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June 19, 2013

Syria: The real costs of diplomacy

Claire Spencer

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Which Syrians should be uppermost in diplomats' minds?

A week is a long time in the diplomatic efforts surrounding the Syrian conflict. Just when it looked as though key elements were coalescing towards convening a US-UK-Russia-sponsored conference to negotiate a way out of the political deadlock, events on the ground took over again. Rather than an aberration, “events” have in fact been a constant of what is better characterised as a game of diplomatic catch-up, in which the main players on the chessboard have been firmly rooted in Syria, and now the wider region, for over two years.

President Assad’s nearest neighbours and allies have kept pace and aligned their strategies and tactics accordingly, knowing that things change fast in a conflict zone as fragmented and complex as the struggle for Syria. The mystery is why it has taken so long for the alliance of western powers, ostensibly on the side of the beleaguered Syrian population, to wake up to just how far their own diplomatic game has strayed from the realities they are seeking to influence.

The sequence of developments at the end of May 2013 illustrated the diplomatic dilemma perfectly. No sooner had the divided European Union agreed to allow its embargo on supplying arms to Syrian rebels to lapse, than President Assad announced that Russia’s delivery of their much anticipated S-300 missile defence system was imminent, if not already underway. Only three weeks earlier, Prime Minister David Cameron, preceded by US Secretary of State John Kerry, had flown to Russia to gain President Putin’s assurances that sufficient common ground existed between them to bring different actors to the negotiating table as early as mid-June.

Did no one explore the potentially negative consequences of the EU rescinding its arms embargo on Russia’s continued military backing for Assad? Were assurances given then, only to be reconsidered in the light of the Israeli airstrikes on weapons stocks in Syria and indications that the UK is now considering supplying arms to rebel groups by August? Was there ever any doubt that Russia, together with Iran (and Hezbollah), would react negatively to any attempt to rebalance the strength of local forces in ways prejudicial to Assad’s regime?

The mid-June conference, if it takes place then or at all, now has a number of missing actors—but not the ones most expected. The Assad regime is still willing to take part, but Russia and France (with clear US support) are divided over inviting Iran. Embarrassingly for the west, the internally dissolving opposition Syrian National Council has reasserted the very preconditions (no Assad, arms to defend themselves now) that preclude their own participation. Western capitals might now be tempted to revert to the kind of long-distance shuttle diplomacy that produced the current conference plan, but with narrower prospects both for its objectives and potential outcome. A preferable option might be to convene a set of low-key meetings, out of the limelight, that would allow all parties to take a hardheaded look at the costs to themselves of further escalation, especially as the month of Ramadan approaches.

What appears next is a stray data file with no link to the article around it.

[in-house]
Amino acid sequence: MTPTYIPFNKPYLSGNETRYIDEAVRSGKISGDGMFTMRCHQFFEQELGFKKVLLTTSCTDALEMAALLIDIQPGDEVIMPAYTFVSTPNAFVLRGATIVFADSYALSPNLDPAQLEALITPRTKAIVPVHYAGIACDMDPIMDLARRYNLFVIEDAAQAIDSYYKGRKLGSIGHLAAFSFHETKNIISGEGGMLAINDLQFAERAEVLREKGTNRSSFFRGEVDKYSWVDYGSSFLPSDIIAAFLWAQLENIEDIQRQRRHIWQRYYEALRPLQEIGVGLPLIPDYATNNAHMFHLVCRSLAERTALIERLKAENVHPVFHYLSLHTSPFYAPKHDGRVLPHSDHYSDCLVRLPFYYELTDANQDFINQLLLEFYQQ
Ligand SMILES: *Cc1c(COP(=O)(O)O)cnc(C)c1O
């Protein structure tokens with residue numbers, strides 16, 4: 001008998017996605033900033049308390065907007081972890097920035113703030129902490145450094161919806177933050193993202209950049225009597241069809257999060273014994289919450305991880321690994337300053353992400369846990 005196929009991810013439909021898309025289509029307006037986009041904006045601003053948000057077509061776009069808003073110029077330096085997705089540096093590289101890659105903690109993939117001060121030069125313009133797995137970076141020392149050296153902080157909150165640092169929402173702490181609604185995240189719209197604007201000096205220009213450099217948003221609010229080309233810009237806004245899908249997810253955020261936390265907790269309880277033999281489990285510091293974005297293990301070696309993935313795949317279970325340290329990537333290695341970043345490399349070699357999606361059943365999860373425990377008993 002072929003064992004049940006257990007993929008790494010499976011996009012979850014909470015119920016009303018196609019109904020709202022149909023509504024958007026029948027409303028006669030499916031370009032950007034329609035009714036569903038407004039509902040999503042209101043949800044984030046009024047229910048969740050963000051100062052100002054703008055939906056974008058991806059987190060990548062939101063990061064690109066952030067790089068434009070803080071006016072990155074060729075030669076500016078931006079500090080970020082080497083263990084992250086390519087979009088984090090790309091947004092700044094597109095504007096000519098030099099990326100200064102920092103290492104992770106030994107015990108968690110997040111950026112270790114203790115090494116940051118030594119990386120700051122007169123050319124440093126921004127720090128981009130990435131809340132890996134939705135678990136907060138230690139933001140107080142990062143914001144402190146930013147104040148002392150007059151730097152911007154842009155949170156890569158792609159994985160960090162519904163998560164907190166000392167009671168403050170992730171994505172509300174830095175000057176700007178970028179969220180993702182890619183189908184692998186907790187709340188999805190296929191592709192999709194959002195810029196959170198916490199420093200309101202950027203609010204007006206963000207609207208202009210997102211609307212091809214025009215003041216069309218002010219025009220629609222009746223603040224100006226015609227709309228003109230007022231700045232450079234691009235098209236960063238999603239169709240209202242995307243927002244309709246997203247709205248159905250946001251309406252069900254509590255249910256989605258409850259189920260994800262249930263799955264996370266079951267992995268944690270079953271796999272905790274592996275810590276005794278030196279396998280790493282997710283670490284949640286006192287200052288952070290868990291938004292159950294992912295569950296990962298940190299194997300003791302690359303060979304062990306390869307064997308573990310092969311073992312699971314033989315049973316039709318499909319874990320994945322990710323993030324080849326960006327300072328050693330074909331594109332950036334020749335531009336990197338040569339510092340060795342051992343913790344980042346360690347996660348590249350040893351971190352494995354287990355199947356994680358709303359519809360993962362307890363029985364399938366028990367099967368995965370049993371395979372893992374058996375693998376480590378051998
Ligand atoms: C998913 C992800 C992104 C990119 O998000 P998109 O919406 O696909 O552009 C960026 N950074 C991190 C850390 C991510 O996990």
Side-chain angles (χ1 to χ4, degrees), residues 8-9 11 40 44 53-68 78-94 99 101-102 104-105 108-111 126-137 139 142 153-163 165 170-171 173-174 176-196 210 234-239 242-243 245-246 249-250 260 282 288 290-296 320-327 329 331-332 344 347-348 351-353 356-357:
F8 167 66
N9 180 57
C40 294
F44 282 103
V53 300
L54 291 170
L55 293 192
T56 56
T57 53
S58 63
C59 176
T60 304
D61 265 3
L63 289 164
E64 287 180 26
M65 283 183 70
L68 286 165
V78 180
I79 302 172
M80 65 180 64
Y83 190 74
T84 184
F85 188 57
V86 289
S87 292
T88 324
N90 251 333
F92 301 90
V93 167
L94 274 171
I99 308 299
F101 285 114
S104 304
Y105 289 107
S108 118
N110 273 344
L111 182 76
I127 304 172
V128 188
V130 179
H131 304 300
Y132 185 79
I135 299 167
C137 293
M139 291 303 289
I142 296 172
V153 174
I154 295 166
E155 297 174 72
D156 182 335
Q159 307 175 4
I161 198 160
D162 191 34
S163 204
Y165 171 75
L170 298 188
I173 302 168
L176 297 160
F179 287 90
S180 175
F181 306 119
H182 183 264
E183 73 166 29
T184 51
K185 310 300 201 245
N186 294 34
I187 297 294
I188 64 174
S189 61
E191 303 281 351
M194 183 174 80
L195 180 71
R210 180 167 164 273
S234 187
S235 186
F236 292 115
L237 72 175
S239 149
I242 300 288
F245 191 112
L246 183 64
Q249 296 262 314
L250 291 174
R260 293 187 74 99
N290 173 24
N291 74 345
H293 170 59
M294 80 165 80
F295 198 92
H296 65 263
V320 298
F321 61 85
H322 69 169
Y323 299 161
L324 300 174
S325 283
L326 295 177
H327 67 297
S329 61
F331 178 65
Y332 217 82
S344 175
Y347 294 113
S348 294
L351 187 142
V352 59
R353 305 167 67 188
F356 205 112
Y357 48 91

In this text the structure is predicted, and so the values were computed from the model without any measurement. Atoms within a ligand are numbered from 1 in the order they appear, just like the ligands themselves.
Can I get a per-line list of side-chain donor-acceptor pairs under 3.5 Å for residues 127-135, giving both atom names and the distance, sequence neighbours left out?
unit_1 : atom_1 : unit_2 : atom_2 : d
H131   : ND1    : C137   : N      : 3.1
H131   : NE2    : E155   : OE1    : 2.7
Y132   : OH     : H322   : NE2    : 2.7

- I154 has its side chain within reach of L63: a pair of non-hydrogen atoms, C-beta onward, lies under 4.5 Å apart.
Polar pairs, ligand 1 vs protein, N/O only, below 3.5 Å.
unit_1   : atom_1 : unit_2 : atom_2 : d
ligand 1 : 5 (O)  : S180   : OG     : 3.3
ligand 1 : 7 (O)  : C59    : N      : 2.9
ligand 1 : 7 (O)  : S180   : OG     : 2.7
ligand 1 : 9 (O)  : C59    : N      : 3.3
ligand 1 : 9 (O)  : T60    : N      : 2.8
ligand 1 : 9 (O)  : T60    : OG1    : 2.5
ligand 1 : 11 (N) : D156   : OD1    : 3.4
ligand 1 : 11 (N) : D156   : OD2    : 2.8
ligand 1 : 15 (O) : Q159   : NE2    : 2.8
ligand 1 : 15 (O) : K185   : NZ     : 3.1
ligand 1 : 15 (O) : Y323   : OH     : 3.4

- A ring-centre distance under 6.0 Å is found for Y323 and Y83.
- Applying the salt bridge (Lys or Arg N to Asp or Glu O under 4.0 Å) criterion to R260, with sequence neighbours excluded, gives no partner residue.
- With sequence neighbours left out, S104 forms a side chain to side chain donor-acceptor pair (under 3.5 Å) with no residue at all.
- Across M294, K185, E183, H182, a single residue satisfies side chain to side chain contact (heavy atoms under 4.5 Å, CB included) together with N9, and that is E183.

This still leaves the question of whose interests should be uppermost in western diplomatic minds—and in this respect, a return to the drawing board is tempting, if the most difficult to execute. The real losers in the diplomatic game are the non-insurgent Syrians, either exiled internally or externally, or struggling to run what remains of their municipalities and local communities in Syria itself. Their representation in the exiled opposition SNC has always lacked weight and substance, and yet it is just short of too late for their role to be reconsidered alongside others across the political spectrum who just want the fighting to cease. Making the views of non-belligerents audible at the height of war has always been the hardest part of attempts to stem the violence and impose reason from outside. They still, however, constitute the majority of Syrians.

While humanitarian efforts are so clearly central to the goals of de-escalation across the wider region, it is surprising that they have played such a small and un-integrated a role in diplomatic goals concerned as much about the future trajectory of the region as with its ugly present. Refocusing policy priorities on the longer-term human costs of the Syrian struggle is not now a question for the UN and aid community alone. It is intrinsic to countering further entrenchment of the inherently contradictory international objectives being pursued in Syria that have thwarted diplomatic efforts to date.

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